NEW YORK STATE ASSEMBLY MEMORANDUM IN SUPPORT OF LEGISLATION submitted in accordance with Assembly Rule III, Sec 1(f)
BILL NUMBER: A880
TITLE OF BILL:
An act to amend the civil practice law and rules, in relation to motions
for summary judgment
PURPOSE OR GENERAL IDEA OF BILL:
The purpose of this bill is to solve what has become a vexing and frus-
trating problem encountered by many attorneys: how to determine which
deadline for a summary judgment motion applies to a given case.
CPLR 3212 (a) was amended by Chapter 492 of the Laws of 1996 in an
effort to curtail abusive motion practice, in which a motion for summary
judgment was often made immediately before trial, resulting in unwar-
A principal difficulty, which has now arisen as a result of the 1996
amendments, stems from the undefined term "the court." At present, devi-
ations from the 120-day post-Note-of-Issue ("NoI") default deadline may
be found in County rules, part rules, individual judge's rules, and
decisions within each case. The information, where published, is diffi-
cult to locate and may not be up-to-date.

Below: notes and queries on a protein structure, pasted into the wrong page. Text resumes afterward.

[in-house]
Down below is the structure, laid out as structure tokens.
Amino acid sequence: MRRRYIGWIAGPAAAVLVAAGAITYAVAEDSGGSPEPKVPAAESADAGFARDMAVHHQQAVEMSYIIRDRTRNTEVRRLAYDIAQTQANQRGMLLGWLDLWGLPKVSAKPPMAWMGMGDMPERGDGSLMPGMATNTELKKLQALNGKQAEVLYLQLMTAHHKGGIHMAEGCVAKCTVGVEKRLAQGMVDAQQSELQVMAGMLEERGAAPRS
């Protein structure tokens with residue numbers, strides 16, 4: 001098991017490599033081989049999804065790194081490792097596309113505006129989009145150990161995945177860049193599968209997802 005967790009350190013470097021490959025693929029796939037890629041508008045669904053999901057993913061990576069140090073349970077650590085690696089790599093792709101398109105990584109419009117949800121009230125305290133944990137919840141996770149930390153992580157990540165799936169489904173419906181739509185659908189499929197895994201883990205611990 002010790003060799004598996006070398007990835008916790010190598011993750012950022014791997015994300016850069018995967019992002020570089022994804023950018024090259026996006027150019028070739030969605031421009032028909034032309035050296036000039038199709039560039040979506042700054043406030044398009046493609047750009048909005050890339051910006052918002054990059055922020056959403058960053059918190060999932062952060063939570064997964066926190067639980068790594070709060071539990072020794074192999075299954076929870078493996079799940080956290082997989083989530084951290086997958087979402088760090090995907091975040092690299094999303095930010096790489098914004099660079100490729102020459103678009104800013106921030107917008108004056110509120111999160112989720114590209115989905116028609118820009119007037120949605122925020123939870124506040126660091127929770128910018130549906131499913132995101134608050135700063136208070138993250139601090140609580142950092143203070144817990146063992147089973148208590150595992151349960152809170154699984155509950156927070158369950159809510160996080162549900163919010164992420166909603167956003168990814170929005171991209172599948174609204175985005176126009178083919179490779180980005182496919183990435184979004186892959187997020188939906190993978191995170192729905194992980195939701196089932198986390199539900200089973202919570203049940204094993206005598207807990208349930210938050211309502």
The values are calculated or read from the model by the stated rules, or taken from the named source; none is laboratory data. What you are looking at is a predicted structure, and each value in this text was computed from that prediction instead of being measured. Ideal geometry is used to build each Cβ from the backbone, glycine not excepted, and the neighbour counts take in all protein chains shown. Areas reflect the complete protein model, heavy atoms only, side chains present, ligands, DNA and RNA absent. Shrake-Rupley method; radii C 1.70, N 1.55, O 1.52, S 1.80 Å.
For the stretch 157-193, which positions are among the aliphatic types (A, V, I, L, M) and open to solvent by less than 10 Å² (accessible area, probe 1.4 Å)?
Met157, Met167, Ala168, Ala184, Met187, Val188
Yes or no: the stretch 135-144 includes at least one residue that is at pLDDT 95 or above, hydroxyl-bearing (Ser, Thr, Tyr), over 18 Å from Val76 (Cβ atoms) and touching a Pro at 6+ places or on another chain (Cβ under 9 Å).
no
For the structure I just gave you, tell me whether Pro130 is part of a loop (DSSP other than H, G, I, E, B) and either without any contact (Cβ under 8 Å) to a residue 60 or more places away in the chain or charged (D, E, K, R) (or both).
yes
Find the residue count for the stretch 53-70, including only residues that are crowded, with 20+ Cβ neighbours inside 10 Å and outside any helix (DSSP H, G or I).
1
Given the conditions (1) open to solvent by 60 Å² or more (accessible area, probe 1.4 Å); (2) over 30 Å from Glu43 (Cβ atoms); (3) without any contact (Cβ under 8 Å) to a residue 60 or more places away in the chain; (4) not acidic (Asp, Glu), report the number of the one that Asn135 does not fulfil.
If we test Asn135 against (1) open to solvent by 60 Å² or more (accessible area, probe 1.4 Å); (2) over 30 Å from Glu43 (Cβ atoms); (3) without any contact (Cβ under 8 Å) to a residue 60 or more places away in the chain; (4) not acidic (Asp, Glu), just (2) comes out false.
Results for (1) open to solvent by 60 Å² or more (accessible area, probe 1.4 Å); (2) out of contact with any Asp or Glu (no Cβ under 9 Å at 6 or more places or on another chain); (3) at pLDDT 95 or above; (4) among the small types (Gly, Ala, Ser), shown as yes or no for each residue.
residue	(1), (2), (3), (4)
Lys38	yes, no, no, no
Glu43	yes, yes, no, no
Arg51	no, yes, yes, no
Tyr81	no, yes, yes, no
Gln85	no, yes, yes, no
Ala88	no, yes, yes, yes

Since the Court of Appeals' decision in Brill v City of New York, 2 NY3d
648 (2004) held that a failure to comply with the applicable rule
renders the motion fatally defective, absent "good cause" shown for the
delay, this legislation is needed to make identification of and compli-
ance with the appropriate deadline less burdensome. Indeed, the
confusion has already engendered inconsistent Appellate Division deci-
sions on whether confusion concerning the applicable rule is itself
"good cause" for missing the shorter deadline (contrast Crawford v Liz
Claiborne, Inc., 45 A.D.3d 284 1St Dept. 2007, with Gomez v Penmark
Realty Corp., 50 A.0.3d 607 1St Dept. 2008), and the Court of Appeals'
decision in Crawford v Liz Claiborne, Inc., 2008 NY Slip Op 07989
(10/23/08), had to parse the language of two conflicting rules to find
that Brill did not apply.
This amendment would limit the search for a deadline shorter than the
statutory default to one place: the prior Orders in the specific case.
It also serves the salutary function of allowing Judges more flexibility
in setting summary judgment deadlines, taking into account factors
unique to each case, such as its complexities, outstanding discovery,
number of parties, and the number of parties seeking summary judgment,
as well as considerations which may change with time, such as current
trial calendar congestion.
02/08/17 referred to codes 01/03/18 referred to codes
This bill would have no financial impact on the State.
This act shall take effect immediately upon its becoming law and shall
apply to all actions pending or commenced on and after such date.